A falsehood of this kind could not havo obtained credenco any where but in England, few Englislı people, comparatively, having ever seen a picturo of carly Italian Masterg. If they had, they would have known that the ProRaphaelite pictures are just as superior to the early Italian in skill of manipulation, power of drawing, and knowledge of elect, as inferior to them in grace of design ; and that in a word, there is not a shadow of resemblanco between the two styles. The Pre-Raphaelites imitato no pictures: they paint from nature only. But they have opposed themselves as a body, to that kind of teaching above described, which only began alter Raphael's timo: and they have opposed themselves as sternly to the entire feeling of the Renaissance schools; a feeling compounded of indolence, infidelity, sensuality, and : shallow pride. Therefore they bave callod themselves Pre-Rapbaelite. If they adhere to their principles, and paint nature as it is around them, with the help of modern science, with the earnestness of the men of the thirteenth and fourtoenth centuries, thoy will, as I gnid, found a now and noble school in England. If their sympathies with the early artists, lead them into mediævalism or Romanism, they will of course como to nothing. But I believe tlicre is no danger of this, at least for the strongest among them. There may bo somno wenk ones, whom the Tractarian beresies may touch; but if so, they will drop of liko decayed branches from a strong storn. I hope all things from the school.
The second falsehood was, that the Pre-Raphaelites did not draw well. This was asserted, and could have been asserted only by porsons who had never looked at the pictures. .
The third falseliood was, that they had no system of light and shade. TO which it may be simply replied that their system of light and shade is exactly the same as the Sun's; which is, I believe, likely to outlast that of the Renais sance, however brilliant.
state their own private opinion respecting their paintings, sign it, and publish it, I believe the act would be of more service to English art than any thing the Academy has done since it was founded. But as I cannot hope for this, I can only ask the public to give their pictures careful examination, and look at them at once with the indulgence and the respect which I have endeavored to show they deserve.
Yet let me not be misunderstood. I have adduced them only as examples of the kind of study which I would desire to see substituted for that of our modern schools, and of singular success in certain characters, finish of detail, and brilliancy of color. What faculties, higher than imitative, may be in these men, I do not yet venture to say ; but I do say, that if they exist, such faculties will manifest themselves in duc time all the more forcibly because they have received training so severe.
For it is always to be remembered that no one mind is like another, either in its powers or perceptions; and while the main principles of training must be the same for all, the result in each will be as various as the kinds of truth which each will apprehend ; therefore, also, the modes of effort, even in men whose inner principles and final aims are exactly the same. Suppose, for instance, two men, equally honest, equally indus. trions, equally impressed with a humble desire to render some part of what they saw in nature faithfully; and, otherwise, trained in convictions such as I have above endeavored to induce. But one of them is quiet in temperament, has a feeble memory, no invention, and excessively keen sight. The other is impatient in temperament, has a memory which nothing escapes, an invention which never rests, and is comparatively Dear-sighted.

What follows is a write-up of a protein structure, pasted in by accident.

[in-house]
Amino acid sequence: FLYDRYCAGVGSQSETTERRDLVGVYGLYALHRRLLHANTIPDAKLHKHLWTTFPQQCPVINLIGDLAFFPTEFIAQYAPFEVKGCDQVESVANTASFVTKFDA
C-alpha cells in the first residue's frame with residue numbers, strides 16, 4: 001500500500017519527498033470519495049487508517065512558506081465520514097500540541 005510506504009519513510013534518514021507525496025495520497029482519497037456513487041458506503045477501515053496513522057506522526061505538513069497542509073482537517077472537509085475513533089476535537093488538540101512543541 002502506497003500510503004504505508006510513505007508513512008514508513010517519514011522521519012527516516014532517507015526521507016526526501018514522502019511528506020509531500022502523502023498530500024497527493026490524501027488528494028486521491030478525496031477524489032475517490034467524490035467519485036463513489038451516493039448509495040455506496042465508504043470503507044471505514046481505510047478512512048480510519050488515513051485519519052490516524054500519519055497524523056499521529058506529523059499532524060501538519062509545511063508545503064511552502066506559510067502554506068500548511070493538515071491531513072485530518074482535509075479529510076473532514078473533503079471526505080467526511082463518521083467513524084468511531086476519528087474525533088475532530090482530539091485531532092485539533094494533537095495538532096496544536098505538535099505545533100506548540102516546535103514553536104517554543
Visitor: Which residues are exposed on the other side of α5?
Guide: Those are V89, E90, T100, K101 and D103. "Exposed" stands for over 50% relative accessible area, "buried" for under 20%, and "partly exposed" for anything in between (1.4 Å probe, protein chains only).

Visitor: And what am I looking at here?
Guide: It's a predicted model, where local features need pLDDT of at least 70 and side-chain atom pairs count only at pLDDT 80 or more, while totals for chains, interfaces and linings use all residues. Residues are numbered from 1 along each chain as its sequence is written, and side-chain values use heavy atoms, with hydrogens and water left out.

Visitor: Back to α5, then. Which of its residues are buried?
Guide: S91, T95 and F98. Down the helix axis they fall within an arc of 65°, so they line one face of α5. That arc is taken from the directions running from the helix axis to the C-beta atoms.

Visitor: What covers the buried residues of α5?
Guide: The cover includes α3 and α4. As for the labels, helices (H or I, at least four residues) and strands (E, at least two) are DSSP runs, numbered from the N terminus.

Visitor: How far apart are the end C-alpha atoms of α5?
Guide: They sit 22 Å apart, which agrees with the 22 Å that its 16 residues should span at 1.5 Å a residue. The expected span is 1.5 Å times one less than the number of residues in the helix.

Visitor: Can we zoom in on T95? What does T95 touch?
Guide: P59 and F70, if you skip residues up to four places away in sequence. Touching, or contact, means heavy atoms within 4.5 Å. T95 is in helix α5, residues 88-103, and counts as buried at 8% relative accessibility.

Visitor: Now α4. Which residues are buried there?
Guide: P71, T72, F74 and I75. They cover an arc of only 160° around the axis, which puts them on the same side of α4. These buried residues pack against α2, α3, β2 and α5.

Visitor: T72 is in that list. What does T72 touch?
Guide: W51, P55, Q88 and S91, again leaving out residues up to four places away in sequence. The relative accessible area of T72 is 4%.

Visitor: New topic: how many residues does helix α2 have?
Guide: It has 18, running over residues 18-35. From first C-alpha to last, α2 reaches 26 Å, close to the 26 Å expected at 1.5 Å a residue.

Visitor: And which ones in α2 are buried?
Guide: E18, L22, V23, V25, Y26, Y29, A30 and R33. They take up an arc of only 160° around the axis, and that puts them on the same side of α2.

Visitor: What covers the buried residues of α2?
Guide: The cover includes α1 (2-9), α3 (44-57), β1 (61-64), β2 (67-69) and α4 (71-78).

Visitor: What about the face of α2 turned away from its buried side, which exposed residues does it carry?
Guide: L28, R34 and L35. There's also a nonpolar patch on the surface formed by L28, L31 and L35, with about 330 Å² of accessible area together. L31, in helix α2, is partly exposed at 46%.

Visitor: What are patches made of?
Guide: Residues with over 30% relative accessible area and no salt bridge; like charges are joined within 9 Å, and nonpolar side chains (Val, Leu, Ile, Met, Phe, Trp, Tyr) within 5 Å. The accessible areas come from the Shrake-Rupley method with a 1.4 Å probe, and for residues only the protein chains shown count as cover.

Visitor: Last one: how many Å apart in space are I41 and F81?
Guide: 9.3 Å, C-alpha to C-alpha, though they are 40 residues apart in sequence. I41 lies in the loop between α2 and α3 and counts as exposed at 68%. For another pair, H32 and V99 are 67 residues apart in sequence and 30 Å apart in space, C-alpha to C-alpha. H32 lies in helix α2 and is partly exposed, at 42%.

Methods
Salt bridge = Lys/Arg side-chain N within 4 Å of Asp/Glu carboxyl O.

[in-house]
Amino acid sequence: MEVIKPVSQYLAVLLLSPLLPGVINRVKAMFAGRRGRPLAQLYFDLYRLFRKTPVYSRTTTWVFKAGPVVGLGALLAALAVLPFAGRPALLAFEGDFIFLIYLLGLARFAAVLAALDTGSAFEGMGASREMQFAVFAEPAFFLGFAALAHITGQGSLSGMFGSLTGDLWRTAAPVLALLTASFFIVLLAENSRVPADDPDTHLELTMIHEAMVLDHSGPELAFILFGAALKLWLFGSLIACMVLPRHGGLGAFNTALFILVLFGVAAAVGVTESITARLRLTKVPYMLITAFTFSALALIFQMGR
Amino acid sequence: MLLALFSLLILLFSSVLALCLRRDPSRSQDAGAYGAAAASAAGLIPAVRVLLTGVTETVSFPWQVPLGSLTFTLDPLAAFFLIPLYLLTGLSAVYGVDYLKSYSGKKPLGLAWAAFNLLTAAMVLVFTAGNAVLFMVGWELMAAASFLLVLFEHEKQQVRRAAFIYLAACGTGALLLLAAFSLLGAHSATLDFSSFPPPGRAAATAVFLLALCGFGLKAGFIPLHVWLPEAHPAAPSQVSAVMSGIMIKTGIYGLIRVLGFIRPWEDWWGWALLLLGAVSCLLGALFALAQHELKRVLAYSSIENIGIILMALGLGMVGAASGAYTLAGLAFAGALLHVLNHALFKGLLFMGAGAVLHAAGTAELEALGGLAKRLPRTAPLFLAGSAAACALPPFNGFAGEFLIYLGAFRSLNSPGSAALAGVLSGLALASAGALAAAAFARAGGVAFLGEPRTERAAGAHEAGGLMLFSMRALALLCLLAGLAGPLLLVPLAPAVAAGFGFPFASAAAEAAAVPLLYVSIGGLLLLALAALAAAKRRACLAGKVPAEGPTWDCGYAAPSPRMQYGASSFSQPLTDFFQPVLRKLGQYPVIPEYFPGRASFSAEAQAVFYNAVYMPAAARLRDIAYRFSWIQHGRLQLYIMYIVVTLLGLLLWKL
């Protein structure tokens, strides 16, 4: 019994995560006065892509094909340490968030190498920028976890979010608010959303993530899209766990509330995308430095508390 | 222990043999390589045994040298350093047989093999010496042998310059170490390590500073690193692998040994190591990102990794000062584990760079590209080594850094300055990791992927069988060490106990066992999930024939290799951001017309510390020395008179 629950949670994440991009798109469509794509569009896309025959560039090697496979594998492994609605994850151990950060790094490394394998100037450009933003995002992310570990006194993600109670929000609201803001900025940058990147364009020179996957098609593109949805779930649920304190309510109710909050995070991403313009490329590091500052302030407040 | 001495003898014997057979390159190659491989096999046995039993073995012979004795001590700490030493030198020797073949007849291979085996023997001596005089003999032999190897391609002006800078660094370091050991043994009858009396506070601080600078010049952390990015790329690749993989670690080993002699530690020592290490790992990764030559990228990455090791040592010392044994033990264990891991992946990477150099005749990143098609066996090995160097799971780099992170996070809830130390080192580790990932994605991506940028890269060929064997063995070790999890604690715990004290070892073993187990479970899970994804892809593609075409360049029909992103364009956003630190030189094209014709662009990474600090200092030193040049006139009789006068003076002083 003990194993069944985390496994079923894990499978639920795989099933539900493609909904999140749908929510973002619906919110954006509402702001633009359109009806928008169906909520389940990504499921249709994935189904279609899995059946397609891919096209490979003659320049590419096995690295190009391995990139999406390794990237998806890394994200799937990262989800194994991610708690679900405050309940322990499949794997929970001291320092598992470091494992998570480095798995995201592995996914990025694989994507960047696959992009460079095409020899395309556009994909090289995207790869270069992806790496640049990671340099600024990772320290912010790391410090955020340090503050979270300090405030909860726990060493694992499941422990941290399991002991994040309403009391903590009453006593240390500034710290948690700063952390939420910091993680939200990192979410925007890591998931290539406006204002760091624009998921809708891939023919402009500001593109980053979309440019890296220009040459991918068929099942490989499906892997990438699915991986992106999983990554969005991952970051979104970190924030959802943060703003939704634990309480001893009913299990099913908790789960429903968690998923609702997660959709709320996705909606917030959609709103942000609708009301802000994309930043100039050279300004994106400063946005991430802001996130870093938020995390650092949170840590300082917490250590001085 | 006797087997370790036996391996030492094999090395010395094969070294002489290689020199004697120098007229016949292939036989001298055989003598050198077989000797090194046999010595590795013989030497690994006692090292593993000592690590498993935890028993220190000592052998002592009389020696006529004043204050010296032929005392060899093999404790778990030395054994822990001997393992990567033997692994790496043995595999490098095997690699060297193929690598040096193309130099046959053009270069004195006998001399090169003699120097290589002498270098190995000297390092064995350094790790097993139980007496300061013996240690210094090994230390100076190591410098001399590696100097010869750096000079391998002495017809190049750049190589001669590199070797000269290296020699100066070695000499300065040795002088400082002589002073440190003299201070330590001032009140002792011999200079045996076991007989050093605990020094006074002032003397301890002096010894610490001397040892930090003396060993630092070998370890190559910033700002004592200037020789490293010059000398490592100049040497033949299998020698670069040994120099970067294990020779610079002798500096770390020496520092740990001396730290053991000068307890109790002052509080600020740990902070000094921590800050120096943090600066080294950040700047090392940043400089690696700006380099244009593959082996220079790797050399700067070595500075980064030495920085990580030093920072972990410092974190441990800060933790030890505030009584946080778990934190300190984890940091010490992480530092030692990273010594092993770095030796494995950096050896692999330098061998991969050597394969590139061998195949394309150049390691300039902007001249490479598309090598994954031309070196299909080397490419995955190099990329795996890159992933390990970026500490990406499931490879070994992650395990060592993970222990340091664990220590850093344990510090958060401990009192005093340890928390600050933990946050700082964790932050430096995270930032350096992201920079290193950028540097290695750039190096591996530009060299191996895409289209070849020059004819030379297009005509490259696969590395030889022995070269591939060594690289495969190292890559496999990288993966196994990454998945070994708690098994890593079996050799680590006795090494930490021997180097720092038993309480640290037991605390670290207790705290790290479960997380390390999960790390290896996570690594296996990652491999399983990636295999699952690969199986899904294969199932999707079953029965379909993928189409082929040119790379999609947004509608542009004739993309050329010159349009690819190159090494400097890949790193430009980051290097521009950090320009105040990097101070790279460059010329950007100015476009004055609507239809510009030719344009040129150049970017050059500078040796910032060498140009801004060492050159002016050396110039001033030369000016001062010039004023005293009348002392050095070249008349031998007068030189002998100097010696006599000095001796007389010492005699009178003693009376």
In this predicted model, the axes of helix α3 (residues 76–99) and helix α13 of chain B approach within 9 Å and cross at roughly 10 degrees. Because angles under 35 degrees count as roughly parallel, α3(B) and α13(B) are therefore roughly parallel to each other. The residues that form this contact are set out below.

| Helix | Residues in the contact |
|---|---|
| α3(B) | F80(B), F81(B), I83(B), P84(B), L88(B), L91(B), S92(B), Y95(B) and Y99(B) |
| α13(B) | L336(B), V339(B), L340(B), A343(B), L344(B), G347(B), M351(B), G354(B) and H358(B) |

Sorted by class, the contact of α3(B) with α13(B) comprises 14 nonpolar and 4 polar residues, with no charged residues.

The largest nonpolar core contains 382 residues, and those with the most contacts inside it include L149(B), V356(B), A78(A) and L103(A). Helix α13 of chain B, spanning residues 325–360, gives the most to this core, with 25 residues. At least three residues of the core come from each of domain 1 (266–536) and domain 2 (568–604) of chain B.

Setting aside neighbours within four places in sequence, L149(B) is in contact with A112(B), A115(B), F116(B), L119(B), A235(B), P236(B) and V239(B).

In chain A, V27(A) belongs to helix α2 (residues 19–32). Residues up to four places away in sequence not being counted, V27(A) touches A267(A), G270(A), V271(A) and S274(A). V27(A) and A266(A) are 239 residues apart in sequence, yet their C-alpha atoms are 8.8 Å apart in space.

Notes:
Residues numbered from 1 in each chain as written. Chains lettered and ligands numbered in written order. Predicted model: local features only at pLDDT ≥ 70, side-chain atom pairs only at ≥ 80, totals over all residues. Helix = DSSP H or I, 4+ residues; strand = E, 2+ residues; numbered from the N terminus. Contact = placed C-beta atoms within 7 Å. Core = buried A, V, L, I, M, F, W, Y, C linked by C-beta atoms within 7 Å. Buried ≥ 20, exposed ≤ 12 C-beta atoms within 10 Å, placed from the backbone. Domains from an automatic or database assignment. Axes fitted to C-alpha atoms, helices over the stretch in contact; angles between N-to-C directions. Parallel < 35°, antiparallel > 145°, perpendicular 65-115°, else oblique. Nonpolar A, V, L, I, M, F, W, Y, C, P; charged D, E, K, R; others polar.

Set them both free in the same field in a mountain valley. One sees everything, small and large, with almost the same clearncas; mountains and grasshoppers alike; the leaves on
the branches, the veins in the pebbles, the bubbles in the stream: but he can remember nothing, and invent nothing. Patiently he sets himself to his mighty task; abandoning at once all thoughts of seizing transient effects, or giving general impressions of that which his eyes present to bim in microscopical dissection, he chooses some small portion ont of the. infinite scene, and calculates with courage the number of weeks which must elapse before he can do justice to the intensity of his perceptions, or the fulness of matter in his subject.
Meantime, the other has been watching the change of the clouds, and the march of the light along the mountain sides; he beholds the entire scene in broad, soft masses of true gradation, and the very feebleness of his sight is in some sort an advantage to bin, in making him more sensible of the acrial mystery of distance, and hiding from him the multitudes of circumstances which it would have been impossible for him to represent. But there is not one change in the casting of the jagged shadows along the hollows of the hills, but it is fixed on his mind for ever; not a flake of spray has broken from the sea of cloud about their bases, but he has watched it as it melts away, and could recall it to its lost place in heaven by the slightest effort of his thoughts. Not only so, but thousands and thousands of such images, of older scenes, remain congregated in his mind, each mingling in new associations with those now visibly passing before him, and these again confused with other images of his own ceaseless, sleepless imagination, flashing by in sudden troops. Fancy how his paper will be covered with stray symbols and blots, and undecipherable short-hand:-as for his sitting down to "draw from Nature," there was not one of the things which he wished to represent that stayed for so much as five seconds together: but none of them escaped, for all that: they are sealed up in that strange storehouse of his; he may take one of them out,